When I was a little, little girl my mom got sick and was hospitalized. A single mother at the time, her family stepped in to care for my brother and me (my sister wasn’t born yet).
I went to live with my grandparents (my mom’s parents) and my brother went to live with our aunt and uncle. I think the family split us up because we would have been a handful together.
Being so young, I barely remember that time with my grandparents. What I do remember are like snapshots in my mind. Polaroid moments of unpacking groceries in the kitchen. Playing dress-up with my grandmother’s jewelry, hats and scarves. Sitting at their big dining room table eating lunch.
The experience created a deep and lasting bond between the three of us. One that has endured well into my adulthood.
My grandmother passed away on December 5th. And in living a life where my grandmother has always been there, it’s difficult to accept that she no longer is. I want her to be in my life always.
There is a poem by Dylan Thomas that I studied in university called Do Not Go Gentle Into That Good Night. Do you know it? It always struck me as beautiful, both in cadence and in meaning. In it, the speaker of the poem asks his father several times to “rage, rage against the dying of the light.”
But my grandmother was very sick. Battling cancer that eventually crippled her body and kept her in constant pain. I wouldn’t want her to continue suffering like that. It would have been selfish to ask her to keep raging, to keep fighting.
Her funeral is today in Parksville, BC. I’m not attending which may seem strange, even uncaring to some. It’s not that I don’t want to be there to pay my respects.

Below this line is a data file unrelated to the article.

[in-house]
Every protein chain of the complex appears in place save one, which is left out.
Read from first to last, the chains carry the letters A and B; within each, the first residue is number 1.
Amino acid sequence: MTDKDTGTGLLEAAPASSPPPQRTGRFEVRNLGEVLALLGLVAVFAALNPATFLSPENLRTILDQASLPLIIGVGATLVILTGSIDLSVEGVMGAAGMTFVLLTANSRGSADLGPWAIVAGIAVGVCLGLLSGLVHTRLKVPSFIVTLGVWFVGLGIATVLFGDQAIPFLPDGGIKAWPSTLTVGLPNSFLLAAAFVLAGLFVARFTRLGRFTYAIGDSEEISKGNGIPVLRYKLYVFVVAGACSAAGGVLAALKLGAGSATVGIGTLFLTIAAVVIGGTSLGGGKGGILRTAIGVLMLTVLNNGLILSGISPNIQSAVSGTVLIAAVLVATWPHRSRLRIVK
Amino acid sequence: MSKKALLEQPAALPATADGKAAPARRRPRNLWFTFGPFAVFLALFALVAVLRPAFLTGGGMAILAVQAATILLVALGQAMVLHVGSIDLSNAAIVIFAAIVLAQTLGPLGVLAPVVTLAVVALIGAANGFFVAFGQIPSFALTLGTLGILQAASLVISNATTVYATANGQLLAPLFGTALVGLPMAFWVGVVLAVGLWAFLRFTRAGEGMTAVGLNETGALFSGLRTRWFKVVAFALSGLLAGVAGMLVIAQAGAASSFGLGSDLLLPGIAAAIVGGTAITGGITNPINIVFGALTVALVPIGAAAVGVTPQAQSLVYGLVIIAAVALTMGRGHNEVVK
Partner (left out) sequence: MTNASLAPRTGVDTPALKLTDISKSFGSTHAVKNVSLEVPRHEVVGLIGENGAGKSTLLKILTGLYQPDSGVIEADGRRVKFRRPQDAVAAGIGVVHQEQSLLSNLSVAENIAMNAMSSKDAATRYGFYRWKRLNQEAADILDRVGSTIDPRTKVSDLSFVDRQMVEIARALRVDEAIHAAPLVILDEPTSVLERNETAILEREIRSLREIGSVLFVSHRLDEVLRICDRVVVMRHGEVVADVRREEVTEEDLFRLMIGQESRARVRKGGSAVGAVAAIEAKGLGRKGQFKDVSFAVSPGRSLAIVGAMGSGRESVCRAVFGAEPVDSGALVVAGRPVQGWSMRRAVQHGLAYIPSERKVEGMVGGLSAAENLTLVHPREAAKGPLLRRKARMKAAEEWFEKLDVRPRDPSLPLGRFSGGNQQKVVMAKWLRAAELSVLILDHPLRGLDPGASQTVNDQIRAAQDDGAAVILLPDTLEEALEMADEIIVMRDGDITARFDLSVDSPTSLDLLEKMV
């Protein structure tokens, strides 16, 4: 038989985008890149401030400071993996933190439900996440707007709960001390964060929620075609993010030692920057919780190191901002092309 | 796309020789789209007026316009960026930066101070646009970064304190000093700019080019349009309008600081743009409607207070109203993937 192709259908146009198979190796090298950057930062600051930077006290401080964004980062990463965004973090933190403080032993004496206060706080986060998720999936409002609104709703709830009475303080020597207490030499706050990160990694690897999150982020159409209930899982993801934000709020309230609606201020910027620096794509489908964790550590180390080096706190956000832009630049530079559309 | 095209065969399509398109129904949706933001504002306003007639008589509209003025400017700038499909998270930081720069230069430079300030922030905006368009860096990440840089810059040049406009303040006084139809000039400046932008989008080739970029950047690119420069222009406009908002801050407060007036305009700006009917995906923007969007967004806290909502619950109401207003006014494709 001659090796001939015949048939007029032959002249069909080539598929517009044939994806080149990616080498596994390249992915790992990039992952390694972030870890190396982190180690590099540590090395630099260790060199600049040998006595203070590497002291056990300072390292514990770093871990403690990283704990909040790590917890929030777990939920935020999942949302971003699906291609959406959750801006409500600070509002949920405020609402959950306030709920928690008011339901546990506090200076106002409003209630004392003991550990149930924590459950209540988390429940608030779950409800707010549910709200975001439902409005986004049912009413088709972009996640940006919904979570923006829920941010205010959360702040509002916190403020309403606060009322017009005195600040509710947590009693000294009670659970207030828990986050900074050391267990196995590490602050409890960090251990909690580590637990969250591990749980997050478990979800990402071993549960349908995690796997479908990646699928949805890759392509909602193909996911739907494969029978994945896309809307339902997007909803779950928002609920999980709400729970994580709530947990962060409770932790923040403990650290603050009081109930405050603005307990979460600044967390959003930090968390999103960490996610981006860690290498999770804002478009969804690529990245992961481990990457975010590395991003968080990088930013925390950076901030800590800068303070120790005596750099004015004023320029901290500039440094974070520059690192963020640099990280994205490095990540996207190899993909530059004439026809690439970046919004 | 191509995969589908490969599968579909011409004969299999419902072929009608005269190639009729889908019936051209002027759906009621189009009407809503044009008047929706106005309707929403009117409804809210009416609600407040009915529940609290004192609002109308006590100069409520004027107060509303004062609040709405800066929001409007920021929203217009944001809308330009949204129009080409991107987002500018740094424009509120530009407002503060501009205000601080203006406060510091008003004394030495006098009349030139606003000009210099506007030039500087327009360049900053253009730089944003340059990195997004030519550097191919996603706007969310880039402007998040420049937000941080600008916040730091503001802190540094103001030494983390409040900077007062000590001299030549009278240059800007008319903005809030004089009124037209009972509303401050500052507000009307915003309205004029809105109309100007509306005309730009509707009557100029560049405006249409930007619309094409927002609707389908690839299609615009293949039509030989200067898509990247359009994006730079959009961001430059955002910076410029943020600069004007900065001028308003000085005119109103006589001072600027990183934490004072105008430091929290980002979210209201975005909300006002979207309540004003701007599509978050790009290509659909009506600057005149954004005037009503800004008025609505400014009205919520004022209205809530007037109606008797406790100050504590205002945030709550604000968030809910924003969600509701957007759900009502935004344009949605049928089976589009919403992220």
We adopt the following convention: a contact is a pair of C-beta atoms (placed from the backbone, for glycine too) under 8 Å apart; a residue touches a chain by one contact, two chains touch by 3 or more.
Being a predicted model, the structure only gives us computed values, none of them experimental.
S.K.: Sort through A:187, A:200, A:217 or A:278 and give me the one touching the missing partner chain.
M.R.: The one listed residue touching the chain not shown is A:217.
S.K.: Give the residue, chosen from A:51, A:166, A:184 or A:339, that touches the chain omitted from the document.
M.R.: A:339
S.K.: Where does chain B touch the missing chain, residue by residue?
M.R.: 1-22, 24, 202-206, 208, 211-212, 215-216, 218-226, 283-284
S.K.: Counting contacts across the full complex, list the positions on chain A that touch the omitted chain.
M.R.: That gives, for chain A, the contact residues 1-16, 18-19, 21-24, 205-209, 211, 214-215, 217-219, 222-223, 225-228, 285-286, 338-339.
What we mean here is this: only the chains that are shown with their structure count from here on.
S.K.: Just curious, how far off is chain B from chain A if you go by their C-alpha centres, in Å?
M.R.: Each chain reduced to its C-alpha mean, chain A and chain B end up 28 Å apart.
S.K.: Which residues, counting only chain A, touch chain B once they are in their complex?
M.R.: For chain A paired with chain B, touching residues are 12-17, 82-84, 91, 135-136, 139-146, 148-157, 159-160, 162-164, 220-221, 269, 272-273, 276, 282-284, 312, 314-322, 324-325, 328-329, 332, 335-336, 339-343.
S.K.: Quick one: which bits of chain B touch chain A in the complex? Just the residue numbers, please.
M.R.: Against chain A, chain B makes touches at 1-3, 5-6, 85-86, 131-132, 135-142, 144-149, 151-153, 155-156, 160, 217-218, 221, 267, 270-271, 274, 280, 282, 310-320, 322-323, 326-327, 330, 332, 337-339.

There are many reasons I’m not attending and while I won’t go into the details, I can say that my husband, Sweet Girl and I will make a trip out west in the spring to the cemetery where my grandmother will be put to rest today.
She will be buried beside my grandfather, companions in the afterlife as they were in life.
My grandmother was pretty awesome. She loved to play practical jokes and sing silly songs. She loved to garden and taught me an appreciation for flora and fauna (even though I never did inherit her green thumb). She was the best cook around; everything always tasted better at Grandma’s house. She was a sharp dresser, a lady with style.
My grandmother told me to use my head and my heart to make life decisions and that if I did I’d never go wrong. My grandmother had a wicked sense of humour and could find the funny in almost every situation. My grandmother could speak multiple languages, and she was the best storyteller. My grandmother was passionate about life and had an opinion on everything.
Most importantly, I remember that my grandmother took care of me when my mom couldn’t.
I’ll miss you, Grandma. Every day.